Human mesenchymal stem cells attenuate early damage in a ventilated pig model of acute lung injury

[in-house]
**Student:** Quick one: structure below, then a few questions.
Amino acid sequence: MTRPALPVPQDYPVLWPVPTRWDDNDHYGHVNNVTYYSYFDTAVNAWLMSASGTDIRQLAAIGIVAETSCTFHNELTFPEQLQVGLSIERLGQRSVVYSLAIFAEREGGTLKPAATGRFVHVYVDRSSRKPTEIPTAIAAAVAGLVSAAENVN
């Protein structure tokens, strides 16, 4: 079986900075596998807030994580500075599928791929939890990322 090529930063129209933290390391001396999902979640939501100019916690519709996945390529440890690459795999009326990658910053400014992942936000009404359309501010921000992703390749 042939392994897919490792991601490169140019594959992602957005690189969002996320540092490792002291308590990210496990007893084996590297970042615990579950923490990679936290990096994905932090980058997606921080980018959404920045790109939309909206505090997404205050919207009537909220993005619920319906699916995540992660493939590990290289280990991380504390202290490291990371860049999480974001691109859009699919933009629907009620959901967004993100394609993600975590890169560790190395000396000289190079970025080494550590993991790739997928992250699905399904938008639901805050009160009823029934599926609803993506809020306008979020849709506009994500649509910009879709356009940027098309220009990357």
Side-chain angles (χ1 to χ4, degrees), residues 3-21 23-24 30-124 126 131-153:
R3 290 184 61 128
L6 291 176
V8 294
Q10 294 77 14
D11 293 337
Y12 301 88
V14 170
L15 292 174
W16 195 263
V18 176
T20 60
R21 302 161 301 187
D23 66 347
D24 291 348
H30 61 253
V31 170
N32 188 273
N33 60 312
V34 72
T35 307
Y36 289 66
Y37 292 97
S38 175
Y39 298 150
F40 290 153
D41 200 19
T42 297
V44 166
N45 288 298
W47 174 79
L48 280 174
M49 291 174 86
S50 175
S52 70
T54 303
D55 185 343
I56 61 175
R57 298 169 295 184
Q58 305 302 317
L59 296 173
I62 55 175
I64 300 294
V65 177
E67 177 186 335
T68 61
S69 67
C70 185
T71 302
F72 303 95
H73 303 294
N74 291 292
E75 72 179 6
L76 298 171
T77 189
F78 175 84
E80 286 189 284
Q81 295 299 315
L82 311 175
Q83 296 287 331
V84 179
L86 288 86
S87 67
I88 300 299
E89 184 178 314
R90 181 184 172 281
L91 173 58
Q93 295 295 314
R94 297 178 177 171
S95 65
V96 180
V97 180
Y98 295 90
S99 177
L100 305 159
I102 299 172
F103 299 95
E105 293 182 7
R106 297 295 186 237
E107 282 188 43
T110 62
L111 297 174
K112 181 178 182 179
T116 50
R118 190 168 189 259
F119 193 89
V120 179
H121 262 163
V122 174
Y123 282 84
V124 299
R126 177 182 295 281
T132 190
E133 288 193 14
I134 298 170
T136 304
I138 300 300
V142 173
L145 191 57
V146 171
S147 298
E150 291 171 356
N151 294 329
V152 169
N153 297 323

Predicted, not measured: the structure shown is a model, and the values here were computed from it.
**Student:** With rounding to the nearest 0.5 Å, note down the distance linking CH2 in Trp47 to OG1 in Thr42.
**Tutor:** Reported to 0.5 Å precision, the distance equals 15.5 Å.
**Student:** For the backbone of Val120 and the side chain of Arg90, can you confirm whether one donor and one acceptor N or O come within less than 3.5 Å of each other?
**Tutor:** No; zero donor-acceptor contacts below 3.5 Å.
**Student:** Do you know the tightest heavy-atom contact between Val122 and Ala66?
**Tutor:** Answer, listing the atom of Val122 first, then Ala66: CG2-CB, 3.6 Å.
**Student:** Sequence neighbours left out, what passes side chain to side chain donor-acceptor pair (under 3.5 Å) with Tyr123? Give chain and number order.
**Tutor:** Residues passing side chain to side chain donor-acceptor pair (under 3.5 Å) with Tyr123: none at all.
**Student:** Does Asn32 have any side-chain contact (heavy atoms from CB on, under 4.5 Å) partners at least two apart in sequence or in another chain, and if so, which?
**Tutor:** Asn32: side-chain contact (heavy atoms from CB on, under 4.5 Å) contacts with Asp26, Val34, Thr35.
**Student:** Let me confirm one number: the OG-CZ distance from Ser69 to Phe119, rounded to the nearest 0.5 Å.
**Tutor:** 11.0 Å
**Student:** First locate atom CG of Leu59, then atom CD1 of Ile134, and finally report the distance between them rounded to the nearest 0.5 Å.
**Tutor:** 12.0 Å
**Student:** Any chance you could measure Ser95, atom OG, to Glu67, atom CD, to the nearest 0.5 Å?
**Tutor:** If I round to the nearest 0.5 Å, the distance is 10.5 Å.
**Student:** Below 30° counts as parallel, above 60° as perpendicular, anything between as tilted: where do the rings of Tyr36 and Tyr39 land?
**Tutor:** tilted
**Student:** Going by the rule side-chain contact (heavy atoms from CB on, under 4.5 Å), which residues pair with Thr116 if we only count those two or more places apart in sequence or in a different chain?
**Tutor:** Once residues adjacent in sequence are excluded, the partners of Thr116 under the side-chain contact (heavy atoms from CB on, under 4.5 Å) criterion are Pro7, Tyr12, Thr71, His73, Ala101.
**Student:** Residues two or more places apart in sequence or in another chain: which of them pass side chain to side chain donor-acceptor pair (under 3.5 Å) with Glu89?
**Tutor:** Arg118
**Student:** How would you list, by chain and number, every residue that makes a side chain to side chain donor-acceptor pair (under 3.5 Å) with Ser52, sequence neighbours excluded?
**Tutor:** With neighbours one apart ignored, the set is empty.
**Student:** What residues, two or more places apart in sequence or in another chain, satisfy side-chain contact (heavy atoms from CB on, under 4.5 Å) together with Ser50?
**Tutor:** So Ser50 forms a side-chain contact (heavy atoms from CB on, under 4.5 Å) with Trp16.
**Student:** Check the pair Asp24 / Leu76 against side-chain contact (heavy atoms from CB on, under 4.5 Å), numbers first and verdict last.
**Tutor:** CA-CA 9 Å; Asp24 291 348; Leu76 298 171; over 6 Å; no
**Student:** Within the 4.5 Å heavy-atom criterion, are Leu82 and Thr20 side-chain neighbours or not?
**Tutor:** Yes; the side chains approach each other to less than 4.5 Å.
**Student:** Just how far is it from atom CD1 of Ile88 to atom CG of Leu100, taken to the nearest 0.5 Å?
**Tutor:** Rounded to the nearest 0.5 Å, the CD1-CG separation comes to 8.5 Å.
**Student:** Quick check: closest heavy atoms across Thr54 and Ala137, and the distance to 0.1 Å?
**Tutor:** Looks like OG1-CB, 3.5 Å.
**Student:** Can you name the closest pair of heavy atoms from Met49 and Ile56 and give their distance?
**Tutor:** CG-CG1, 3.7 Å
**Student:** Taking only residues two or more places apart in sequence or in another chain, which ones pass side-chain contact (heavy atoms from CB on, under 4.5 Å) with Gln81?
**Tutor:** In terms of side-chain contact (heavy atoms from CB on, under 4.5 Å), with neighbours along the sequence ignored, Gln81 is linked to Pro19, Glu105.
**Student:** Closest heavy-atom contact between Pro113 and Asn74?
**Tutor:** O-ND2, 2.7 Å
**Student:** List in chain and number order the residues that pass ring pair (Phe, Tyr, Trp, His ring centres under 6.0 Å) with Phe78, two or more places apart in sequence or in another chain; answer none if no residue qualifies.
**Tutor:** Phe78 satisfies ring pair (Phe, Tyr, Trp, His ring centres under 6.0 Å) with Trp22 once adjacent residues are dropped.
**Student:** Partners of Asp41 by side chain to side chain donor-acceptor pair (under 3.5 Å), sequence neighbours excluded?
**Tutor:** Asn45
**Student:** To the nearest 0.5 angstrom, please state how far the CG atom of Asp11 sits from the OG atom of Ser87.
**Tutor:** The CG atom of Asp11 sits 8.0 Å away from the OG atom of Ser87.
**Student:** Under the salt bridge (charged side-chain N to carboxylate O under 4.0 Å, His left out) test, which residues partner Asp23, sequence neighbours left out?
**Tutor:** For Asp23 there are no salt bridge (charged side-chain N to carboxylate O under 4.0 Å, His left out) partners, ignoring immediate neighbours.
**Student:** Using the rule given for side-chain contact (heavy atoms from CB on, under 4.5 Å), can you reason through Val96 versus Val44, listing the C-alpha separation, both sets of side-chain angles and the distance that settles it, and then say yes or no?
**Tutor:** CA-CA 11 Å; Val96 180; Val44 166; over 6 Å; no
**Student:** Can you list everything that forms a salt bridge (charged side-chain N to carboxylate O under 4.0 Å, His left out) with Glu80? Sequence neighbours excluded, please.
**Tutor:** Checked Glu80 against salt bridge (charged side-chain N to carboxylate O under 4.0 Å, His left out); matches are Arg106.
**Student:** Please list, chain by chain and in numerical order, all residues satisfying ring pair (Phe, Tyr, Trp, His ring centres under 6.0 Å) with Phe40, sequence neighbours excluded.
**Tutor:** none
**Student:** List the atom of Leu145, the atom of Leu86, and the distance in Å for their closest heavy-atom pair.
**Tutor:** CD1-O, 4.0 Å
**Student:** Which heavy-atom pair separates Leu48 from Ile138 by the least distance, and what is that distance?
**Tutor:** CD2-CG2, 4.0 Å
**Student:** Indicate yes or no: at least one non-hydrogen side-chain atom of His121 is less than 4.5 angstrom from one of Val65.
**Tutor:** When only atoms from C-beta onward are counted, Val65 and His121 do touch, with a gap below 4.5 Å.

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Acute lung injury/acute respiratory distress syndrome (ALI/ARDS) is a major cause of global morbidity and mortality. Mesenchymal stem cells (MSC) have shown promise in treating inflammatory lung conditions. We hypothesised that human MSC (hMSC) can improve ALI/ARDS through their anti-inflammatory actions. We subjected pigs (n=6) to intravenous oleic acid (OA) injury, ventilation and hMSC infusion, while the controls (n=5) had intravenous OA, ventilation and an infusion vehicle control. hMSC were infused 1h after the administration of OA. The animals were monitored for additional 4h. Nuclear translocation of nuclear factor-light chain enhancer of activated B cells (NF-κB), a transcription factor that mediates several inflammatory pathways was reduced in hMSC treated pigs compared to controls (p=0.04). There was no significant difference in lung injury, assessed by histological scoring in hMSC treated pigs versus controls (p=0.063). There was no difference in neutrophil counts between hMSC-treated pigs and controls. Within 4h, there was no difference in the levels of IL-10 and IL-8 pre- and post-treatment with hMSC. In addition, there was no difference in hemodynamics, lung mechanics or arterial blood gases between hMSC treated animals and controls. Subsequent studies are required to determine if the observed decrease in inflammatory transcription factors will translate into improvement in inflammation and in physiological parameters over the long term.
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